Boochani’s title refers to the vast mountains of his native Kurdistan, and he thrusts back into his past to counter the horror of the nights on Manus: “Where have I come from? From the land of rivers, the land of waterfalls, the land of ancient chants, the land of mountains… Do the Kurds have any friends other than the mountains?

Earlier, in a delirious sleep on the deck of the pitching boat from Indonesia, he escaped to those mountains of his homeland:

Grand mountain peaks covered with snow, full of ice, abounding in cold /
I am there /
I am an eagle /
I am flying over the mountainous terrain /
Over mountains covering mountains /
There is no ocean in sight /

In “Autumn Night,” Ho also travels to his homeland in his imagination:

In front of the gate, the guard stands with his rifle.
Above, untidy clouds are carrying away the moon.
The bed-bugs are swarming around like army tanks on manoeuvres,
While the mosquitoes form squadrons, attacking like fighter-planes.
My heart travels a thousand li toward my native land.
My dream intertwines with sadness like a skein of a thousand threads.
Innocent, I have now endured a whole year in prison.
Using my tears for ink, I turn my thoughts into verses.

Aileen Palmer’s mother, Nettie Palmer, had published two small volumes of published verse before turning to journalism during the first world war. She made the shift partly to help support her family but also out of a feeling that the world was too awful a place for writing poetry. Aileen, on the other hand, always saw herself as a “poet of conscience,” and her belief in the power of language and poetry to bring about change helped her reconcile her work as a political activist with her desire to write. As she wrote in an unpublished poem:

Words are small worlds, balloons to travel in outer-space, or just between
your ignorance and mine; to unravel this latent strength we hold, unseen…

She published poems about García Lorca and other Spanish civil war poets, and about nuclear testing on Maralinga; she translated the political poems of Louis Aragon and Nicolas Guillen. She also wrote of the educated political prisoners in the French prisons in Saigon (now Ho Chi Minh City) who taught illiterate peasants to read and write. Her powerful poem “Lines Painted on the Wall of a Death-Cell,” published in her 1964 collection World Without Strangers?, finishes with:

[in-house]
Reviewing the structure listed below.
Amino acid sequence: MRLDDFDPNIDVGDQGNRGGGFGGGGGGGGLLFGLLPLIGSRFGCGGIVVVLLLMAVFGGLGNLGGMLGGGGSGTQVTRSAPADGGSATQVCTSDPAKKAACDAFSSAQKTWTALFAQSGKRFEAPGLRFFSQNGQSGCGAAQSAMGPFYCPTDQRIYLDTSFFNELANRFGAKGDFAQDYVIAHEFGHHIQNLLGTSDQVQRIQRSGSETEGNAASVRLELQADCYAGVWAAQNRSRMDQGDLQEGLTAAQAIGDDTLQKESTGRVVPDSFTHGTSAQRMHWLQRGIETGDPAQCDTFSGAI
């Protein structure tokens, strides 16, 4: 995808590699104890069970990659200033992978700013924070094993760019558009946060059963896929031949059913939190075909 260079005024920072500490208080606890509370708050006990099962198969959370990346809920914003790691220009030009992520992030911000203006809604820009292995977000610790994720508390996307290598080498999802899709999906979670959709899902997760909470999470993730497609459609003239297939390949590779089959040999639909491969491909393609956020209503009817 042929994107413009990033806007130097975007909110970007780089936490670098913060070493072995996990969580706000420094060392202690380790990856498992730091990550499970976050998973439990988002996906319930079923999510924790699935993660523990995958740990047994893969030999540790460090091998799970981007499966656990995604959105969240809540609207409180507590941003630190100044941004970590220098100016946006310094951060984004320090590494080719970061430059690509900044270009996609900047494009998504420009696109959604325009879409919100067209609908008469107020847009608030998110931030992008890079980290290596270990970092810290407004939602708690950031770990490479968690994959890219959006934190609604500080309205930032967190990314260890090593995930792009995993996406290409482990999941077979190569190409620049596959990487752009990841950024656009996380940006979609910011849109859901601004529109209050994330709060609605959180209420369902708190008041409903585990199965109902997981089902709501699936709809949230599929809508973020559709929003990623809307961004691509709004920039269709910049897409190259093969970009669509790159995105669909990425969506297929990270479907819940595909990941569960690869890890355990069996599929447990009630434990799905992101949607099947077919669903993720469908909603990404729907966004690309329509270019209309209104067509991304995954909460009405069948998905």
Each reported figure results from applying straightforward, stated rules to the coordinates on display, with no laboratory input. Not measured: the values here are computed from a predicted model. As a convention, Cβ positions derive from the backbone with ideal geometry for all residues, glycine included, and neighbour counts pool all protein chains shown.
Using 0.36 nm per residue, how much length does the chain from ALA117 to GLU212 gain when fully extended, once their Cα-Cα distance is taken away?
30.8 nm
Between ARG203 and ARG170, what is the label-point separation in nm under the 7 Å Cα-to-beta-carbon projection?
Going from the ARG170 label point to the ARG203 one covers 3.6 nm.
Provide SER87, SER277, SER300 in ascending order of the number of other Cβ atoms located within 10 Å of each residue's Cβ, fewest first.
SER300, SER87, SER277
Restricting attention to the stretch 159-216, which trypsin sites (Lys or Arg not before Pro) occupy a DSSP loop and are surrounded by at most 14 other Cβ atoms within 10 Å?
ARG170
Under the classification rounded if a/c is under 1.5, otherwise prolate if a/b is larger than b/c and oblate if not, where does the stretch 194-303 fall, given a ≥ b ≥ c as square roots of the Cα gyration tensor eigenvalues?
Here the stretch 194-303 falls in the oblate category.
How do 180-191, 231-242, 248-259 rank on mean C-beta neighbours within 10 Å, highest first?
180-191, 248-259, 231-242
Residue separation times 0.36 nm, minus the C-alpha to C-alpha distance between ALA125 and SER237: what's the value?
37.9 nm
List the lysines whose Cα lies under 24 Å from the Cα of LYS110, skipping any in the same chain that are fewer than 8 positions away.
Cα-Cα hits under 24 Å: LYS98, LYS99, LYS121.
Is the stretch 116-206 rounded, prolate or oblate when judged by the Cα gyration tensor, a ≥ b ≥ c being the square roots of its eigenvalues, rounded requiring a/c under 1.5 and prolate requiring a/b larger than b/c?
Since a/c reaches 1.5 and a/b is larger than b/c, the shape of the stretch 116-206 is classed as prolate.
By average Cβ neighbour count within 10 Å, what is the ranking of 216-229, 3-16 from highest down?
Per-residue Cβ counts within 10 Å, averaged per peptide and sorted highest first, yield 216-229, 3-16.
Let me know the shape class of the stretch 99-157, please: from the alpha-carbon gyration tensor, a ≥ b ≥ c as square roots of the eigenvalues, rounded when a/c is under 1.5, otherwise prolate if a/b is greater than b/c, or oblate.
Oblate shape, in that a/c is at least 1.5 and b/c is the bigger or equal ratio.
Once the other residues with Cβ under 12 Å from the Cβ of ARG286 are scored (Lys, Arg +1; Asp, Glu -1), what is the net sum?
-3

Unlettered are my people, bound
Like buffaloes to an empire’s yoke,
But, though men lay me deep in ground,
Perhaps you’ll know at last I spoke.

In another country in another time, Behrouz Boochani discovered lines of Persian poetry, written by previous detainees, on the walls of the tiny room he was to share with three other refugees on Manus Island.


Ho Chi Minh was around fifty when he was imprisoned in 1942. Behrouz Boochani turned thirty on Christmas Island in July 2013, the month the Rudd government announced it would reinforce Australia’s borders by turning back asylum seekers arriving by boat. Those who were already detained were transferred to detention centres on Nauru and Manus Island, and a thousand of them are still detained indefinitely. Boochani has received literary awards for No Friend but the Mountains, has published articles in newspapers and journals, and has co-directed a film and collaborated on a play during nearly six years of incarceration.

Boochani’s narrative ends on a note of despair with the killing of his friend Reza Barati, “the Gentle Giant,” in 2014. But in a statement at the end of the essay that completes the book, he writes, “We need to continue resisting, we need respect to become stronger and fiercer. This will take time, but I’ll continue challenging the system and I will win in the end.”

Ho Chi Minh became president of the Democratic Republic of Vietnam in 1945 and died in 1969, a revered figure in the country he liberated from colonial rule. In “Word-Play II,” one of the poems in Prison Diaries, he writes:

People who come out of prison can build up the country.
Misfortune is a test of people’s fidelity.
Those who protest at injustice are people of true merit.
When the prison-doors are opened, the real dragon will fly out. •

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From security to precarity: writer Julienne van Loon.